Unlike Norman and the three other former major champions on the board, Otto was playing rugby in South Africa a decade ago. Yesterday, the 27-year-old South African tackled Sandwich with his putter, using 26 pops to sneak around the links. Otto, a European Tour regular, hardly has made a peep in the professional golf world since 1999, when he won the Challenge Tour’s Phillips Challenge and twice finished runner-up (Russian Open, Warsaw Open) on Europe’s version of the Nationwide Tour.

Frankly, you have to wonder about a guy who plays his best golf in the shadow of the Kremlin. Perhaps Otto is destined to go the way of Rodney Pampling, the unknown who led after the first round of the 1999 British Open at Carnoustie only to post a second-round 86 and become the first leader in major championship history to miss the cut.

And if it were anywhere other than the British Open, maybe anywhere other than Sandwich, perhaps Norman’s chances would seem similarly remote. After all, he finished T65 in the only event he’s completed this season (Byron Nelson). Only last week he endured yet another round of injections to ease the pain in his back. And he’s 48, two years past the golfing age Jack Nicklaus made immortal at the 1986 Masters. Even if he didn’t carry golf’s most legendary catalogue of major setbacks in his psyche, he’d be an outrageous pick.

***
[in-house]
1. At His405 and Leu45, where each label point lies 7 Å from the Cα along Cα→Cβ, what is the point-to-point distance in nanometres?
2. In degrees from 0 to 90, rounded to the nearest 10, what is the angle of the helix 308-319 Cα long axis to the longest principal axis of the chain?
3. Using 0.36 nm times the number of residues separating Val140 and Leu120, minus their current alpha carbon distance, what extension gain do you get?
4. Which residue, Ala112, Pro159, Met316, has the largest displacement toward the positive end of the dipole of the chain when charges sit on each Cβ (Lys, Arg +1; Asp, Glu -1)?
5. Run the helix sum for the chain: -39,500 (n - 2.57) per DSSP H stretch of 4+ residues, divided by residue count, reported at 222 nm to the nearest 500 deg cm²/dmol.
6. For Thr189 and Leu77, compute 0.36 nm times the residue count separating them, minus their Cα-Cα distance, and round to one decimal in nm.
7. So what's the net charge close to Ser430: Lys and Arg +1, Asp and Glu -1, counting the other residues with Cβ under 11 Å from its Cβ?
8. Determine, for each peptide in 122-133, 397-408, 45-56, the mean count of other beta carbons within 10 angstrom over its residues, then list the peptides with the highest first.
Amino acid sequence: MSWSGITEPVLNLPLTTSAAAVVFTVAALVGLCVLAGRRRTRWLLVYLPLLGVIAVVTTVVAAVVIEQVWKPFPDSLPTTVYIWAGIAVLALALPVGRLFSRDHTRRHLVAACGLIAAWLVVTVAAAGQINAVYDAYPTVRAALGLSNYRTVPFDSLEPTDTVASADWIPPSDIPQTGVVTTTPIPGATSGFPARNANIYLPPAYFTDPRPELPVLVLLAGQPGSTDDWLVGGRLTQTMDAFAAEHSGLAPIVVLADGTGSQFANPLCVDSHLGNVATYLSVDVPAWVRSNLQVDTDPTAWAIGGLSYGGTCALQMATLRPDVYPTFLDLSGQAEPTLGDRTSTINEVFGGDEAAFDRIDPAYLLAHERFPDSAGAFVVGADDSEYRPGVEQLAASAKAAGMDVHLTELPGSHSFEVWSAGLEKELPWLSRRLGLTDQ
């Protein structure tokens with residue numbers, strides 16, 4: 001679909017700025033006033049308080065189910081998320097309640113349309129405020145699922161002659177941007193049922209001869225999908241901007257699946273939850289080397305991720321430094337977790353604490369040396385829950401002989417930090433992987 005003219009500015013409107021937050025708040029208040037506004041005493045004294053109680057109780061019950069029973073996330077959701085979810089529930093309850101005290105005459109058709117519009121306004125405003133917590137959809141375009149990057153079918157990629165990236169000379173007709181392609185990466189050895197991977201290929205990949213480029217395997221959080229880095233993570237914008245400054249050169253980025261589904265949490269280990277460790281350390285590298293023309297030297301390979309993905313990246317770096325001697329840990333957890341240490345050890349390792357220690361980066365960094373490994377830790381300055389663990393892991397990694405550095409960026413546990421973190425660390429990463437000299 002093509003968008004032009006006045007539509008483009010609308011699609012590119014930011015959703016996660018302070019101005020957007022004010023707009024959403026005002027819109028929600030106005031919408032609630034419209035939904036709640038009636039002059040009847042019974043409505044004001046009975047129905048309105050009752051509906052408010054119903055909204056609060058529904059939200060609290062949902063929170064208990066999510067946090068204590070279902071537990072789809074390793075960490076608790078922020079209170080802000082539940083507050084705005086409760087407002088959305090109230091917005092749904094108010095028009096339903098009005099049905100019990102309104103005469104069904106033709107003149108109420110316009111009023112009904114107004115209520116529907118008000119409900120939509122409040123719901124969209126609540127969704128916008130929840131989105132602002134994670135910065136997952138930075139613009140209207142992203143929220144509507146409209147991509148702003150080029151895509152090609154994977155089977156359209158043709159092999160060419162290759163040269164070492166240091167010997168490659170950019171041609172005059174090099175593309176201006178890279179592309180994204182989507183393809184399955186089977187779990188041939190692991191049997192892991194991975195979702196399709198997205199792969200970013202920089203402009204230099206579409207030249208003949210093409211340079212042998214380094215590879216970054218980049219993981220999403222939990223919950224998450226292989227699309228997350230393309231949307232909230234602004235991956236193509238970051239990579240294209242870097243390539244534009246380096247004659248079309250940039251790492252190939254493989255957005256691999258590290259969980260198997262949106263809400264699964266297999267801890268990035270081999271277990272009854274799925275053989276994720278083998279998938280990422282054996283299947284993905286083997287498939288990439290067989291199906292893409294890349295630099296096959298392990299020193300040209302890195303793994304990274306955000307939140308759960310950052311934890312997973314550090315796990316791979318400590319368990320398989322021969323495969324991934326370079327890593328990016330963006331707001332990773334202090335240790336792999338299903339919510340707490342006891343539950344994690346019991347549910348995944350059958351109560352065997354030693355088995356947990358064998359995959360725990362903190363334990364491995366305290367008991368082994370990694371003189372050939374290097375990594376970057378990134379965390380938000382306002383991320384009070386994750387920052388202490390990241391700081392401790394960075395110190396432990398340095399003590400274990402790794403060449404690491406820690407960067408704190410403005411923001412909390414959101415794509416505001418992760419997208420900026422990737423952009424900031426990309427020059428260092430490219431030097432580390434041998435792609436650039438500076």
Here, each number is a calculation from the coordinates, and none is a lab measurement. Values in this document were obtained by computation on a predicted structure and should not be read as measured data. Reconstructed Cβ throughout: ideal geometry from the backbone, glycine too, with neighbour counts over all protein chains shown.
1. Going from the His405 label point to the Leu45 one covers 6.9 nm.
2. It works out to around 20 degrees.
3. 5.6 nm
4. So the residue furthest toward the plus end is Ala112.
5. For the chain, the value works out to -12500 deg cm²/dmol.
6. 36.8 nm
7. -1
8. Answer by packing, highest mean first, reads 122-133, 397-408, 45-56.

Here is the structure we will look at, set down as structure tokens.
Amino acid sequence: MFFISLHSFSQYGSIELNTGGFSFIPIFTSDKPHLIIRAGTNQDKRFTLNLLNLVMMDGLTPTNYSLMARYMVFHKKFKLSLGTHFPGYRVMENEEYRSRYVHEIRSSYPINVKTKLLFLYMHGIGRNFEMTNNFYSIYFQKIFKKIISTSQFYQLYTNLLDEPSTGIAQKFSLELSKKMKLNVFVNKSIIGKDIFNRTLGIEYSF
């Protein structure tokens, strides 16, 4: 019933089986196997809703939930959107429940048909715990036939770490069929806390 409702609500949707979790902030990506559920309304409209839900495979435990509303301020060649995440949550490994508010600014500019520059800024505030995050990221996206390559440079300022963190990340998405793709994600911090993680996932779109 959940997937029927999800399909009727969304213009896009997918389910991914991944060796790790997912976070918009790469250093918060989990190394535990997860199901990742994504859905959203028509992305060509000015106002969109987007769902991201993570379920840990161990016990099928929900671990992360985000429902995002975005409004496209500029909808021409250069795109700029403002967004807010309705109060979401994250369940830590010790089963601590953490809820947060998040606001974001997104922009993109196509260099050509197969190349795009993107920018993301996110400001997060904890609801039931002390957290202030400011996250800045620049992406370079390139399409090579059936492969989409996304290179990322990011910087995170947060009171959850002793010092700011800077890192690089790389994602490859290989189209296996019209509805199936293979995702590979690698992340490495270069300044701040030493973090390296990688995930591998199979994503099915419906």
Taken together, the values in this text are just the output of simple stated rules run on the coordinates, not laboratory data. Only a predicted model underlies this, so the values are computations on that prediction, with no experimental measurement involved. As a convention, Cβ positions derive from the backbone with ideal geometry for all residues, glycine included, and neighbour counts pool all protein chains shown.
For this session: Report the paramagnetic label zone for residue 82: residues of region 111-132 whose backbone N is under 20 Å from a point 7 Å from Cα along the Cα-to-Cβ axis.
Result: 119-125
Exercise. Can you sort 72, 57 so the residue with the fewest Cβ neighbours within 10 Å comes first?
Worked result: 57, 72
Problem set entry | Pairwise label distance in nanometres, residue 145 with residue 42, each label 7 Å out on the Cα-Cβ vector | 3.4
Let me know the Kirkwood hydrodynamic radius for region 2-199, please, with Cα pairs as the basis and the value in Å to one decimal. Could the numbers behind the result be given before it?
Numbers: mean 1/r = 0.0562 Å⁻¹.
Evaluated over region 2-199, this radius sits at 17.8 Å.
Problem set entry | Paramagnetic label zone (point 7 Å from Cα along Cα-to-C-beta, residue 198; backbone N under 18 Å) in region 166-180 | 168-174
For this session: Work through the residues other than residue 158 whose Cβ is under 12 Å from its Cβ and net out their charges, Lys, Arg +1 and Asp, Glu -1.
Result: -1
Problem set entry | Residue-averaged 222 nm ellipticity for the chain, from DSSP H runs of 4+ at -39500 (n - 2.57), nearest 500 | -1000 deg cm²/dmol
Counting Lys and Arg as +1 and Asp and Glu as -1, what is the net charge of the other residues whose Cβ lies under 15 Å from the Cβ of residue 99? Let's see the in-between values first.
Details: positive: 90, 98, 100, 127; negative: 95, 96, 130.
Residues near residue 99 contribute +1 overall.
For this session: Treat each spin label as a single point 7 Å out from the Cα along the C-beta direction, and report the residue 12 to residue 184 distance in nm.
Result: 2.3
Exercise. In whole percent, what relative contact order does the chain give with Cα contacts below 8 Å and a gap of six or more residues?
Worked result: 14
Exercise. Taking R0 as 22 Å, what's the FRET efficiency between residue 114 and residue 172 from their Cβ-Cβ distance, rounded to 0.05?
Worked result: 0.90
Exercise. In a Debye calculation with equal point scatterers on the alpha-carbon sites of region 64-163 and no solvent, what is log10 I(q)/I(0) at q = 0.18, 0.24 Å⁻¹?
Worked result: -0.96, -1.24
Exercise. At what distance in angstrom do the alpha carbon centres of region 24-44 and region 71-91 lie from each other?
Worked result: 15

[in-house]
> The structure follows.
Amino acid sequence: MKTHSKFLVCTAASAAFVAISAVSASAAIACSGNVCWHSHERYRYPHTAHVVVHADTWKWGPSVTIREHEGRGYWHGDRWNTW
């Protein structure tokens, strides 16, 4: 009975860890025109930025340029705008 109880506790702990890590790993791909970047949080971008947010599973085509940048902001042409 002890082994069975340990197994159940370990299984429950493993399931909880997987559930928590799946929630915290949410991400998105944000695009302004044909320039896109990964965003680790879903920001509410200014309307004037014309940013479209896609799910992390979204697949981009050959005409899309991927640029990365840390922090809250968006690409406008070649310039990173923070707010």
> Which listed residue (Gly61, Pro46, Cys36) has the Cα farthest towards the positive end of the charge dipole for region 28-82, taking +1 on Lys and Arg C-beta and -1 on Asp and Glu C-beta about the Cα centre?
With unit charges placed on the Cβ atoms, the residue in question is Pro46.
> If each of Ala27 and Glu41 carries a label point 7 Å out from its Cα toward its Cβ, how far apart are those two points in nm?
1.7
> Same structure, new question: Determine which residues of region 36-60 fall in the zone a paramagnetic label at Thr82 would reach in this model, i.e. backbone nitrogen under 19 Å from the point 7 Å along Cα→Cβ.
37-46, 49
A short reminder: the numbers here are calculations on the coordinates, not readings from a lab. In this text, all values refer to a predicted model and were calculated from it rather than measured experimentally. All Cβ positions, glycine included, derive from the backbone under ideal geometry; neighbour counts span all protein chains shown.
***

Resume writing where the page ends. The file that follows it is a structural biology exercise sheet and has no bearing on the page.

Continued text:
But for Norman, there’s something about Sandwich and the annual claret jug quest that seems to override age and competitive rust, strengthen a balky back and make the Shark smile through psychological scar tissue.

“When I came over here I kind of came under the radar screen very, very nicely, because my expectations weren’t that high,” said Norman, six years removed from his last victory (1997 World Series). “But my desires inside were high, and I was very excited about playing because links golf excites me. I enjoy chasing the ball around the golf course. I enjoy hitting the ball on the ground, and I enjoy hitting the putter from 10 yards off the green. When I get into that type of element and zone, it’s fun to me to play golf.”